"Love and Math" is by Edward Frenkel. It tries to show the beauty of modern mathematics by taking the reader on an autobiographical tour of Frenkel's career, explaining the concepts and connections he's worked with over the years. Mathematical beauty, he says, ought to be accessible to non-mathematicians in the same way that beautiful paintings are accessible to non-painters.

"Flash Boys" is by Michael Lewis. It tries to show the workings of modern stock markets by taking the reader on a biographical tour of Brad Katsuyama's career and the founding of IEX. Wall Street, he says, is screwing the little guy (and big institutional investors) by delivering their trades into the hands of high-frequency traders.

Frenkel doesn't succeed in making the math simple. I had some undergraduate courses in "modern algebra" (not really modern at all), including Galois theory, and have maintained an amateur interest since then. I found myself flailing about halfway through the book, and never really developed a good sense what the Langlands Program actually was. The analogy he uses is a Rosetta stone tying together number theory, curves over finite fields (which he does a good job explaining), and Reimann surfaces (ditto.) Quantum theory comes in at the end too! But few of the conjectures that tie the different languages together are stated explicitly. Much of the mathematical meat is buried in the endnotes. This makes it harder for a somewhat-mathematically-sophisticated reader like me to follow the flow, but I can't see how somebody with less background than I comprehends the ideas and examples at all. There are a lot of concepts floating around that make me echo Enrico Fermi: "If I could remember the names of all these particles, I'd be a botanist."

Here's an example: I understand finite fields, and curves over finite fields. I kind of understand a manifold, and his glossary provides the definition "A smooth geoemetric shape such as a circle, a sphere, or the surface of a donut." He does a good job developing these ideas. Then later we get "manifold over a finite field" and I'm lost--- finite fields aren't smooth! Google or Wikipedia are no help, I just get dumped into reading about Calabi-Yau manifolds, whatever the heck they are.

That said, I applaud Frenkel for the attempt. I really appreciate having a book about what modern mathematicians are really doing. The sections on being a Jewish mathematician in the USSR are alone worth the price of admission. Antisemitism kept him out of Moscow University (and would have placed further roadblocks on graduate study) but the mathematicians of Moscow created informal networks that trained an entire generation of brilliant students.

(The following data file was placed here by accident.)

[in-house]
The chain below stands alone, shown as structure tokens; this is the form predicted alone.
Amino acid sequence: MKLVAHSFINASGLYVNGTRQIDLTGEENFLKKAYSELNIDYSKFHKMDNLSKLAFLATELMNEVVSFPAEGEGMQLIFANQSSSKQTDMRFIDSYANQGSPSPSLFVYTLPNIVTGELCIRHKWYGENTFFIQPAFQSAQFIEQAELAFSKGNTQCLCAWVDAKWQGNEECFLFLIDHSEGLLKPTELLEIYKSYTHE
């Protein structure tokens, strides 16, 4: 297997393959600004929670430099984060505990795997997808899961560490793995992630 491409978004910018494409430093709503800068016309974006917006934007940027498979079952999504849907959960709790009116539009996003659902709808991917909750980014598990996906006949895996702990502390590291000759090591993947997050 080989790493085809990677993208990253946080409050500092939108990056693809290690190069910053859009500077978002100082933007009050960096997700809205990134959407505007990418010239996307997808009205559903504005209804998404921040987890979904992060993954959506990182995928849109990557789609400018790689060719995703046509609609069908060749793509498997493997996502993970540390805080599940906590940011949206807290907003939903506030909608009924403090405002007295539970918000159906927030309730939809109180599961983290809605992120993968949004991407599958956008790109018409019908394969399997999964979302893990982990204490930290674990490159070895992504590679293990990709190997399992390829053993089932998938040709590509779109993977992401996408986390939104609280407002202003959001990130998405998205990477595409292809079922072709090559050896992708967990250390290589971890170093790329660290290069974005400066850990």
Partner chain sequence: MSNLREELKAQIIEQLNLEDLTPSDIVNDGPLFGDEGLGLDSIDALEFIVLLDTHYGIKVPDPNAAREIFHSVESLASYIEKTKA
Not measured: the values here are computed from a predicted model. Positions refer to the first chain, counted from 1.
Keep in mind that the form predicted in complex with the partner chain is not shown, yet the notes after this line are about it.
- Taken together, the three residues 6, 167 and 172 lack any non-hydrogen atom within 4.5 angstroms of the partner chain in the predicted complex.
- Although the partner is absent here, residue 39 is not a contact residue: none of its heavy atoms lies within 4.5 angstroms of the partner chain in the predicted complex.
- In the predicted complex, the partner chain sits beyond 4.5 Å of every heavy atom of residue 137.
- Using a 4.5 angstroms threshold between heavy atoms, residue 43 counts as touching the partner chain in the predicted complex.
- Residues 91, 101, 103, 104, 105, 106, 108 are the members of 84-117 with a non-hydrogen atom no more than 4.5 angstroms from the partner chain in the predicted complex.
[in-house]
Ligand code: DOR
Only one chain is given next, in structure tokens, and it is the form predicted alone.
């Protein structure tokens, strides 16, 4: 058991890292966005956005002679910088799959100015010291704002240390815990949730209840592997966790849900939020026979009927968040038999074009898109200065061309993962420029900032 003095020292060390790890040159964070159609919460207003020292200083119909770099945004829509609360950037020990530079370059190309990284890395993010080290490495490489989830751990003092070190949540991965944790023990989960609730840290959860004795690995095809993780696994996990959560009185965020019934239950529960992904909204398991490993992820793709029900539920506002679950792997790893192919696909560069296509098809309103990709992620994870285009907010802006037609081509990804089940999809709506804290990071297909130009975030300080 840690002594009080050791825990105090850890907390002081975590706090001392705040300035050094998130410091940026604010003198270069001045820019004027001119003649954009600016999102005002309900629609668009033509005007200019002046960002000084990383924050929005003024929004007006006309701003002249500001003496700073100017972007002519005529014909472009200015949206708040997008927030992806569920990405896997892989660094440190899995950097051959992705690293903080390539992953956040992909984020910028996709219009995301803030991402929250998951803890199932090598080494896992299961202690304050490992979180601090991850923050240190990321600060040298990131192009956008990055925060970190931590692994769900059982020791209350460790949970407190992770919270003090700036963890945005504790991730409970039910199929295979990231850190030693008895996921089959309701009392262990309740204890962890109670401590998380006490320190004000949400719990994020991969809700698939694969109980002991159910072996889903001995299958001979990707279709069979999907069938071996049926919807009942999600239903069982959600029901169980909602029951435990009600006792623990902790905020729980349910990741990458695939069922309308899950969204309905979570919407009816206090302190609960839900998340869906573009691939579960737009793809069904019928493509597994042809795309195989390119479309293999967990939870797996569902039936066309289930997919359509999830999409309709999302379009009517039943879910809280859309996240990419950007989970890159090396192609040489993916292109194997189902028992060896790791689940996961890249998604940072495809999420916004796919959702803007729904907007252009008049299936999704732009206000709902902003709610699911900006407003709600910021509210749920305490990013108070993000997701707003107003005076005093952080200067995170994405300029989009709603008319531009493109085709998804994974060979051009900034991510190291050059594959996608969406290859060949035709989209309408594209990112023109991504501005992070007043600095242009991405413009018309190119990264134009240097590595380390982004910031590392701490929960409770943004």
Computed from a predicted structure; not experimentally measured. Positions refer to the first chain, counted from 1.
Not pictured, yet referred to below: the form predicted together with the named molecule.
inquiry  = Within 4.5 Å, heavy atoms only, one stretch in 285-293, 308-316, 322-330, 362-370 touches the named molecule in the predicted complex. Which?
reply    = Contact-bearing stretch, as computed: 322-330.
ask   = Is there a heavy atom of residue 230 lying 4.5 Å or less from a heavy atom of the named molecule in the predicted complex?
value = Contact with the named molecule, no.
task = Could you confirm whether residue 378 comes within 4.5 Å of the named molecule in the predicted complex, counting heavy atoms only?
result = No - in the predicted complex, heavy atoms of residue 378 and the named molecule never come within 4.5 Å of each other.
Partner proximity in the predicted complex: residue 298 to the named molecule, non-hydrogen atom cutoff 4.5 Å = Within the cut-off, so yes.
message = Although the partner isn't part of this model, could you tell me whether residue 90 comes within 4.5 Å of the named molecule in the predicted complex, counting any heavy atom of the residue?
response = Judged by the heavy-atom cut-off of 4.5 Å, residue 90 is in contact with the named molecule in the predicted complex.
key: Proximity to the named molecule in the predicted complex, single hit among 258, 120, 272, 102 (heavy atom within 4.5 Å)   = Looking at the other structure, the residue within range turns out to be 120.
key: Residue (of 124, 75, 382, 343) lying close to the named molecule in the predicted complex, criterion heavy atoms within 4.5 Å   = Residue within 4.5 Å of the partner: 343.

Frenkel is also unabashedly Platonist which causes some hair-tearing. Perhaps pure mathematicians should be introduced to the concept of "confirmation bias."

Lewis's book succeeds where Frenkel does not. It not only tells a good story, but it also lays out very clearly how high-frequency trading works and affects institutional investors. This picture may not be accurate or complete--- but it's at least part of the story.

In brief, today's stock market is not a singular location. There are numerous exchanges each with their own rules, practices, and costs. When a broker gets a buy order he typically has to fill it from multiple exchanges (in fact a regulation requires him to go find the best prices!) But a high-frequency trader can monitor his activity on a subset of exchanges (or even one) and beat the broker to other exchanges, buy the available stock and re-sell it immediately at a slightly higher price. This is how high-frequency traders account for 50% of the shares traded--- they're not actually providing any "liquidity", they're just stepping in front of party-to-party sales that would otherwise happen anyway.

There are, of course, numerous criticisms of Lewis's account. Some claim this dynamic was already well known and published in books at the time his protagonist was puzzling it out. Or that the same was true before electronic exchanges. (This is not a positive.) Or that sophisticated investors were already deploying countermeasures before IEX, and IEX is a scam of some sort under the thumb of known insider traders. Or that Lewis is getting only the "buy-sider" picture of the world and HFT provides incalculable benefits in ways that only people who really know the stock exchanges can understand. That the whole book is nothing but an advertisement for IEX, who are less savvy and ethical than actually portrayed.

Some of these criticisms I think miss the mark. It's not important who was first to understand HFT or develop countermeasures; it's important to explain it in a clear and engaging fashion. Frankel likes to think that his mathematics is clear, elegant, and beautiful to an outsider--- but ends up, frankly, in a morass of jargon. Financial insiders like to cloud their basic operation in a cloud of strange terms and vague feel-good explanations--- but where their money comes from can usually be explained very simply.

The silliest criticism I hear is that individual investors ("the little guy") shouldn't care because their trades are so small that HFT can't exploit them. This is an out-and-out lie in two forms. The first is that some individual trades are certainly big enough to suffer. One of the telling anecdotes in the book is a trader with Bloomberg access performing a late-night trade on his personal account, and setting off a flurry of activity which he can observe. The second is that individual investors often put their money into mutual funds which are--- guess what--- big institutional investors who are affected.

Michael Lewis told Salon that IEX has been flooded with resumes and would-be whistleblowers since the publication of his book. Sadly, I think Frenkel's book is not likely to have a similar impact.